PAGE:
Limoneira Company (LMNR) CEO Harold Edwards on Q4 2021 Results - Earnings Call Transcript

Jan. 10, 2022 8:12 PM ETLimoneira Company (LMNR)
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Limoneira Company (NASDAQ:LMNR) Q4 2021 Results Conference Call January 10, 2022 4:30 PM ET

Company Participants

John Mills - Managing Partner, ICR

Harold Edwards - President and CEO

Mark Palamountain - CFO

Conference Call Participants

Ben Bienvenu - Stephens

Gerry Sweeney - Roth Capital Partners

Ben Klieve - Lake Street Capital Markets

Eric Larson - Seaport Research Partners

Operator

Greetings, and welcome to the Limoneira Fourth Quarter 2021 Earnings Conference Call. At this time, all participants are in a listen-only mode. A question-and-answer session will follow the formal presentation. As a reminder, this conference is being recorded

It is now my pleasure to introduce your host, John Mills with ICR. Thank you. You may begin.

John Mills

Great. Thank you. Good afternoon, everyone, and thank you for joining us for Limoneira's Fourth Quarter Fiscal Year 2021 Conference Call. On the call today are Harold Edwards, President and Chief Executive Officer; and Mark Palamountain, Chief Financial Officer.

By now, everyone should have access to the fourth quarter fiscal year 2021 earnings release, which went out today at approximately 4:00 p.m. Eastern Time. If you have not had a chance to view the release, it's available on the Investor Relations portion of the Company's website at limoneira.com. This call is being webcast, and a replay will be available on Limoneira's website as well.

Before we begin, we'd like to remind everyone that prepared remarks contain forward-looking statements, and management may make additional forward-looking statements in response to your questions. Such statements involve a number of known and unknown risks and uncertainties, many of which are outside the Company's control and could cause its future results, performance or achievements to differ significantly from the results, performance or achievements expressed or implied by such forward-looking statements.

Important factors that could cause or contribute to such differences include risk details in the Company's 10-Qs and 10-Ks filed with the SEC and those mentioned in the earnings release. Except as required by law, we undertake no obligation to update any forward-looking or other statements herein, whether as a result of new information, future events or otherwise. Please note that during today's call, we will be discussing non-GAAP financial measures, including results on an adjusted basis.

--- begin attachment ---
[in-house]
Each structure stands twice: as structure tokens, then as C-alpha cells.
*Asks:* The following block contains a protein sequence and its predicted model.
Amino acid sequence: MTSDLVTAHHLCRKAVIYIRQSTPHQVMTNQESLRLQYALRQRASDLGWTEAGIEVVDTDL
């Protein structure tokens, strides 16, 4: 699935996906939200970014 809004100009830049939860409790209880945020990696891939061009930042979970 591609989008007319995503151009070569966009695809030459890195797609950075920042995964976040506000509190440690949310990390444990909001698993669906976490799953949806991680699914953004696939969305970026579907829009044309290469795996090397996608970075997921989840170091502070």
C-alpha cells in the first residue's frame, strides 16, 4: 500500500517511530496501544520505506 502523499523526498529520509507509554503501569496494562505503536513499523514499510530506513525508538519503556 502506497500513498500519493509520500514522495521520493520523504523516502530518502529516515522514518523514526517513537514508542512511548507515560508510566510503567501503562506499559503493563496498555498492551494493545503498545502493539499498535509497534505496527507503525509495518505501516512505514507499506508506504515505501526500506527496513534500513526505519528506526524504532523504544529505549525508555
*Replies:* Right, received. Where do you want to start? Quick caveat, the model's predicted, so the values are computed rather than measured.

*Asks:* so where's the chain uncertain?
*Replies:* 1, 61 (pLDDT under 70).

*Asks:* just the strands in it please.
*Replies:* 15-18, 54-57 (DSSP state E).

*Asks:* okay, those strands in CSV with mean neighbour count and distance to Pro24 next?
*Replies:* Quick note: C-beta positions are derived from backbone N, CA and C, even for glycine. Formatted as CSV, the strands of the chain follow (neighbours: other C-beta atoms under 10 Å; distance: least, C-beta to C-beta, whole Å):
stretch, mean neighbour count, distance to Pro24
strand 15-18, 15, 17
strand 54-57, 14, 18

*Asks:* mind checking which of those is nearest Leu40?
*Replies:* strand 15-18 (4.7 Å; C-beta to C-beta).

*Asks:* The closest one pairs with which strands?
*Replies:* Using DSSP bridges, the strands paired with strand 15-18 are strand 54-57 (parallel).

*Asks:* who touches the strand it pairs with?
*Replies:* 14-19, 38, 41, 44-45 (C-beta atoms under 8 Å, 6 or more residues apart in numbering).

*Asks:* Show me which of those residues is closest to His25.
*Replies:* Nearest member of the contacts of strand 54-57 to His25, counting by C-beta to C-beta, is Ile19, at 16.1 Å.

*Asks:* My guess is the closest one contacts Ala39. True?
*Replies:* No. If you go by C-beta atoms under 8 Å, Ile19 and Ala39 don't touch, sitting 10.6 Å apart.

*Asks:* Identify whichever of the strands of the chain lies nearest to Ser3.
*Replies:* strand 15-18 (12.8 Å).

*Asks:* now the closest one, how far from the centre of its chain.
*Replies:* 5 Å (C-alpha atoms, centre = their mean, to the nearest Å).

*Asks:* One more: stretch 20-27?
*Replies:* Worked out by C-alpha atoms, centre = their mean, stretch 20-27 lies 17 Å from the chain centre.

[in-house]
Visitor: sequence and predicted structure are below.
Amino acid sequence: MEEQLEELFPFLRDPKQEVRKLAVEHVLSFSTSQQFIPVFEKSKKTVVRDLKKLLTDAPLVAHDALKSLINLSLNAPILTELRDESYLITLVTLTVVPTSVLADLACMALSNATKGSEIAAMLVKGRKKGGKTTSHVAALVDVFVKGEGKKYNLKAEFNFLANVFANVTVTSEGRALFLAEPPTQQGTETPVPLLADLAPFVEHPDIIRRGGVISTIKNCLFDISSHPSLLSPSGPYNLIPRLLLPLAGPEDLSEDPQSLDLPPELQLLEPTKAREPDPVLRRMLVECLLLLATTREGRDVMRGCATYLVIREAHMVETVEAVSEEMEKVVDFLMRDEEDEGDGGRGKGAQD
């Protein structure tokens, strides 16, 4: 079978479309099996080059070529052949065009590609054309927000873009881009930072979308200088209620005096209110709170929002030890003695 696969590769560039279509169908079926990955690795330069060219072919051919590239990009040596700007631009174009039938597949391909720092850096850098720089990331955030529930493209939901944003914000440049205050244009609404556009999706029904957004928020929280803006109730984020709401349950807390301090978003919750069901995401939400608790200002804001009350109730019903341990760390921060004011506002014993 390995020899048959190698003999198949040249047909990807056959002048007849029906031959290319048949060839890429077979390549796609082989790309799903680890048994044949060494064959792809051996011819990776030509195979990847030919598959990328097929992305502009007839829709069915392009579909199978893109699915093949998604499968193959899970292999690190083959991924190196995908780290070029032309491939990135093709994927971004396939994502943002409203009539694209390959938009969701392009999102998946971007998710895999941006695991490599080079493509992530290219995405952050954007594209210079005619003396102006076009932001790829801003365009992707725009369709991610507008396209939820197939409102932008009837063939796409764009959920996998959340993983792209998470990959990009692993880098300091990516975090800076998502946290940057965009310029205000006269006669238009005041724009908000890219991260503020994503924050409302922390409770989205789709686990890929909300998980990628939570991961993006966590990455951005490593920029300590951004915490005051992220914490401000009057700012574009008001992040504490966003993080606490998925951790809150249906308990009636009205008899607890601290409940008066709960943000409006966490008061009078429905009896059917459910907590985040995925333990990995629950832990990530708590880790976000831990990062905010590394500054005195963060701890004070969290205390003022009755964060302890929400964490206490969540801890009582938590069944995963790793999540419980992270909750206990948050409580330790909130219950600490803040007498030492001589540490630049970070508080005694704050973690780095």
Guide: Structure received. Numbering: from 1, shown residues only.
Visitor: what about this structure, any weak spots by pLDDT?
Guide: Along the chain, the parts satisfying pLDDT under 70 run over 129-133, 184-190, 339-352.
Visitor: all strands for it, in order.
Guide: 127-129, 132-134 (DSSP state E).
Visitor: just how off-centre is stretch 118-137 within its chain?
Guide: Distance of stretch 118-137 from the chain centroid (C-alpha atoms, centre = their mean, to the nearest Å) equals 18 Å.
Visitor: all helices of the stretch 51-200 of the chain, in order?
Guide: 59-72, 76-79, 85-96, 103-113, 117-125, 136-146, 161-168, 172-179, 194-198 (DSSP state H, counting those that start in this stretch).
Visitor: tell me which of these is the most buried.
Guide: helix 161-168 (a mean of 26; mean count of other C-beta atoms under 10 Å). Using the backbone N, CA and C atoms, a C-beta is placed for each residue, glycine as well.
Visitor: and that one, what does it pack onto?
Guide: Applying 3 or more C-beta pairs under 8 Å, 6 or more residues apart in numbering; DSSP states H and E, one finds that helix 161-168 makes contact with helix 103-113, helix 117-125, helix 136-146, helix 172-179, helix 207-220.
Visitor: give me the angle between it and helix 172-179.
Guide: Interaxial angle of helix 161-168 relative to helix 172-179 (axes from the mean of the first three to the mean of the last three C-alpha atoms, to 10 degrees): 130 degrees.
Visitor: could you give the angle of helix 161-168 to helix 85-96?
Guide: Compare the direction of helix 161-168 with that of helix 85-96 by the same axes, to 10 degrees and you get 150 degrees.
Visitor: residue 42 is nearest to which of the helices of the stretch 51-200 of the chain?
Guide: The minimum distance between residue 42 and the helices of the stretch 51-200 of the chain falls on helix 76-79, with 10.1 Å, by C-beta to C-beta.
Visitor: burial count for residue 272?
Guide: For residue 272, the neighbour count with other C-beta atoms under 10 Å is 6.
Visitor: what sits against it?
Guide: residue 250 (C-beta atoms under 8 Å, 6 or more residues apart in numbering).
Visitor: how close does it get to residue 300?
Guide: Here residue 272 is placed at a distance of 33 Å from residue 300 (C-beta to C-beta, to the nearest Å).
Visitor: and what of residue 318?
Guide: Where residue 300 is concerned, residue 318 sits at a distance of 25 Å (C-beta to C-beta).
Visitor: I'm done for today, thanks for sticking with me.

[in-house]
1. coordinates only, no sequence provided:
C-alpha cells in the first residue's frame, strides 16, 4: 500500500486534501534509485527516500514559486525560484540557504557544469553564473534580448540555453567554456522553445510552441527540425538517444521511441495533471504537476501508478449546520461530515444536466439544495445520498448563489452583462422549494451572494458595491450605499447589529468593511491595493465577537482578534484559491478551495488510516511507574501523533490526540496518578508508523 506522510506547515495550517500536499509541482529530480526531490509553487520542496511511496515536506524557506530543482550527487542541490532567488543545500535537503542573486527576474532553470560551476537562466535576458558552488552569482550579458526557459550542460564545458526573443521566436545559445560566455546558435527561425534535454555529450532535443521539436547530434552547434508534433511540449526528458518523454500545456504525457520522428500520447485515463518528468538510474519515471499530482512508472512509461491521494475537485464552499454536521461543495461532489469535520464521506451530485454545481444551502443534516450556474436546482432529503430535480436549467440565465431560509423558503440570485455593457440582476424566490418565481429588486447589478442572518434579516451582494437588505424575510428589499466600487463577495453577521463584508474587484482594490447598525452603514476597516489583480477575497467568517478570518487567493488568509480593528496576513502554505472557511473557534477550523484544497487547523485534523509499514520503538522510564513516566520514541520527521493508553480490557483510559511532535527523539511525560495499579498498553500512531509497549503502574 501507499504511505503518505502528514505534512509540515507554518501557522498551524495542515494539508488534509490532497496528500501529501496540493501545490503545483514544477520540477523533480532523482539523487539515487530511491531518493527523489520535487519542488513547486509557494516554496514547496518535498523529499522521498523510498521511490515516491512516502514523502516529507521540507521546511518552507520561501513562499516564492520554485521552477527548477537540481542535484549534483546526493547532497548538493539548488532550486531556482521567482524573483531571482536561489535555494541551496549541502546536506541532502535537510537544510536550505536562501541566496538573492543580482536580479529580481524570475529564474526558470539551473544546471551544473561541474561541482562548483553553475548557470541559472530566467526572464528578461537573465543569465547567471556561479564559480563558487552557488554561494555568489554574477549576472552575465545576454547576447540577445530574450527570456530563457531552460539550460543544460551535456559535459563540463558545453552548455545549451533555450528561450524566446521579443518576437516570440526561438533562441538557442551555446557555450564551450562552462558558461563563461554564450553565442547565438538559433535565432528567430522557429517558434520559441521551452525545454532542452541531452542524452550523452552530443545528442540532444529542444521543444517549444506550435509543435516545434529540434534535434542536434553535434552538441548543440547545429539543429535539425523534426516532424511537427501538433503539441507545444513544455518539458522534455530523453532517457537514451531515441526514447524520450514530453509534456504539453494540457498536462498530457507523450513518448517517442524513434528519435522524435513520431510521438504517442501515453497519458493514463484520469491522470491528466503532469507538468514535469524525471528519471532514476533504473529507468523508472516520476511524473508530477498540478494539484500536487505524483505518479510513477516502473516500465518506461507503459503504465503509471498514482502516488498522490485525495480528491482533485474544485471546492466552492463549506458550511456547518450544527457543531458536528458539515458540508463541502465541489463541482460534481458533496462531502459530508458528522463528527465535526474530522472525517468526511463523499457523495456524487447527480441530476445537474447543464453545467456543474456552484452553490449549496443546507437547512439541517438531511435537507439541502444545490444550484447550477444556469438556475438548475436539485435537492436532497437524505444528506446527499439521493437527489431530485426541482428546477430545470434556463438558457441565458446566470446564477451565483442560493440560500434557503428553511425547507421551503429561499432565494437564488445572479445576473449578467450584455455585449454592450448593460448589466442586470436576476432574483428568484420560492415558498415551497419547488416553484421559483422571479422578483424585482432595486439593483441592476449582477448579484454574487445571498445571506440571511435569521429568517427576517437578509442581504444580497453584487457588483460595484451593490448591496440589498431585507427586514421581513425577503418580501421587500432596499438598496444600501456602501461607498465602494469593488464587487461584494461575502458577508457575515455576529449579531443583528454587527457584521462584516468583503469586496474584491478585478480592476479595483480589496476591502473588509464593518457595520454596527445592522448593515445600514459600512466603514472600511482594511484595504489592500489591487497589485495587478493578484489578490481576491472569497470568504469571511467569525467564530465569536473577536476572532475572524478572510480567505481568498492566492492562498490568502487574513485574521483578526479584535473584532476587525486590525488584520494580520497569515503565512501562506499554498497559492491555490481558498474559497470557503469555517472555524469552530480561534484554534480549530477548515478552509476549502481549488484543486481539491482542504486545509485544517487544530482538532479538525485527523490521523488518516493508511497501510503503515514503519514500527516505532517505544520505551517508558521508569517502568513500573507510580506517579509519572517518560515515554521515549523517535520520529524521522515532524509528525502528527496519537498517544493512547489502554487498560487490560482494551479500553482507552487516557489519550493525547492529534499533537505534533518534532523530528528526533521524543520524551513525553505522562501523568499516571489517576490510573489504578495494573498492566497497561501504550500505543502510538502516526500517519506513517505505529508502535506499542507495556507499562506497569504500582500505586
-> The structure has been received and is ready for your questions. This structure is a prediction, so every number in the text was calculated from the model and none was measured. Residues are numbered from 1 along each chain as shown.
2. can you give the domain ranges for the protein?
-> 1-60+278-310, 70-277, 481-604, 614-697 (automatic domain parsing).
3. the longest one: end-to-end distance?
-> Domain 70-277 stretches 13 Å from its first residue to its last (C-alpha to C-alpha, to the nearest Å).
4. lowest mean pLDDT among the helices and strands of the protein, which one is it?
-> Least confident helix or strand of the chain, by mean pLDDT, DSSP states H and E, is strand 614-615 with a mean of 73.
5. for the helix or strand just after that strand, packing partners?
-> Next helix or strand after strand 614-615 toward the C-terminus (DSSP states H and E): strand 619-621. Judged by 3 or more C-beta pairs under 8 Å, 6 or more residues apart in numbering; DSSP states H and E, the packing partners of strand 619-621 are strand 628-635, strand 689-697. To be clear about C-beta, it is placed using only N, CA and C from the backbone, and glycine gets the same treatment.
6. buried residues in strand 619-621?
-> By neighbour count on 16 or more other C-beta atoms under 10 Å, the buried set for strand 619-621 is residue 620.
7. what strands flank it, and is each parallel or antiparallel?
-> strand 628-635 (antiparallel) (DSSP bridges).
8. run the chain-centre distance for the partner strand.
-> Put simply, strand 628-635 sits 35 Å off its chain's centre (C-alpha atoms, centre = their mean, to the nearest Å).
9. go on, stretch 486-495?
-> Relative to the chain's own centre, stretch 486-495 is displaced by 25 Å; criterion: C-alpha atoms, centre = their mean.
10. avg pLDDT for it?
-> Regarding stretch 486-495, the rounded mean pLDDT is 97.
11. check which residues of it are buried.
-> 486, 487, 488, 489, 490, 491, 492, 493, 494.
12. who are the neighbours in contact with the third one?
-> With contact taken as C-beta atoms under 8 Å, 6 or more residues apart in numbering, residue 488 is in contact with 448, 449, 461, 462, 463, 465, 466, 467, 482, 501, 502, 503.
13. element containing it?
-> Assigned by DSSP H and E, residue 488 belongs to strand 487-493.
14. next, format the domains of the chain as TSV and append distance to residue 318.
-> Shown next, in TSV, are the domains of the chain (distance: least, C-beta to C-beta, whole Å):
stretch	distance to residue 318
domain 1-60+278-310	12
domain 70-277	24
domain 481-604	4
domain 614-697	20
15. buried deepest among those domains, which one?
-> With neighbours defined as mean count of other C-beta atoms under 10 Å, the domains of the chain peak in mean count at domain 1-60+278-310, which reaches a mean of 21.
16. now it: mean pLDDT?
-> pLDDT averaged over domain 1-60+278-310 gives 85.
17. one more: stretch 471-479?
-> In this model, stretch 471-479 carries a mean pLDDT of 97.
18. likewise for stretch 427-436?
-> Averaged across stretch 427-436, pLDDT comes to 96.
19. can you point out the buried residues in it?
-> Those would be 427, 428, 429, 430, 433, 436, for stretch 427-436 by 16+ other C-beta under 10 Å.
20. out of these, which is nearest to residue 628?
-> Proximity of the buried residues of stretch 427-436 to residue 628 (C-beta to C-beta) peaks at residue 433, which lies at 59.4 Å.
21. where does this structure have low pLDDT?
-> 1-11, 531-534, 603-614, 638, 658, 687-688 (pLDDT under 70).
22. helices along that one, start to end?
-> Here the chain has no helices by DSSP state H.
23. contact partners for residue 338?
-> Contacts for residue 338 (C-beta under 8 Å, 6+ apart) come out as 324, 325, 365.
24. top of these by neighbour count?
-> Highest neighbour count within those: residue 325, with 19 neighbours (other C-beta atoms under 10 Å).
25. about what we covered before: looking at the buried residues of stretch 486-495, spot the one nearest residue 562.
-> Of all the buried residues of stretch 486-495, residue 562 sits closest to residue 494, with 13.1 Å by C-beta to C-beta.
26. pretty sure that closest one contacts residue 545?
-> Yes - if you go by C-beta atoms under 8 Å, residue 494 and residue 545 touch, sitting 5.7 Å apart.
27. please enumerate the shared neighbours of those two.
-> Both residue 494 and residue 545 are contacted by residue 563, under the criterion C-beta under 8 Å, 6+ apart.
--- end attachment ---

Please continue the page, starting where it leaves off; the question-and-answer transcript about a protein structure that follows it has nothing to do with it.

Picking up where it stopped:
We believe these adjusted financial measures can facilitate a more complete analysis and greater understanding of Limoneira's ongoing results of operations, particularly when comparing underlying results from period to period. We provided as much detail as possible on any items that are discussed on an adjusted basis. Also, within the Company's earnings release and in today's prepared remarks, we include adjusted EBITDA, which is a non-GAAP financial measure. A reconciliation of adjusted EBITDA to the most directly comparable GAAP financial measures is included in the Company's 10-K and press release, which have been posted to the website.

And with that, it is my pleasure to turn the call over to the Company's President and CEO, Mr. Harold Edwards.

Mark Palamountain

Thanks, John, and good afternoon, everyone. I'm very proud of the way our team was able to successfully manage through a challenging year due to COVID-19 and its effects on logistics and channels of revenue. Even with these challenges, we achieved strong fresh lemon utilization in fiscal year 2021, and our brokered fruit business more than doubled in fiscal year 2021 compared to fiscal 2020, enabling us to improve revenue and EBITDA year-over-year.

Our outside third-party grower returns were extremely competitive this past year as well, which should help us with additional outside grower recruiting in the upcoming year. We aren't back to our pre-COVID growth trajectory, but we are getting closer and believe the momentum in our business and expanding brokerage business will attract more third-party growers.

During our seasonally slower fourth quarter of fiscal year 2021, revenue increased 12% compared to the same period last year. These results were driven by higher lemon prices and very strong brokered fruit revenue, which more than doubled compared to last year. Lemon pricing improved in the back half of fiscal year 2021, and we expect this trend to continue throughout fiscal year 2022.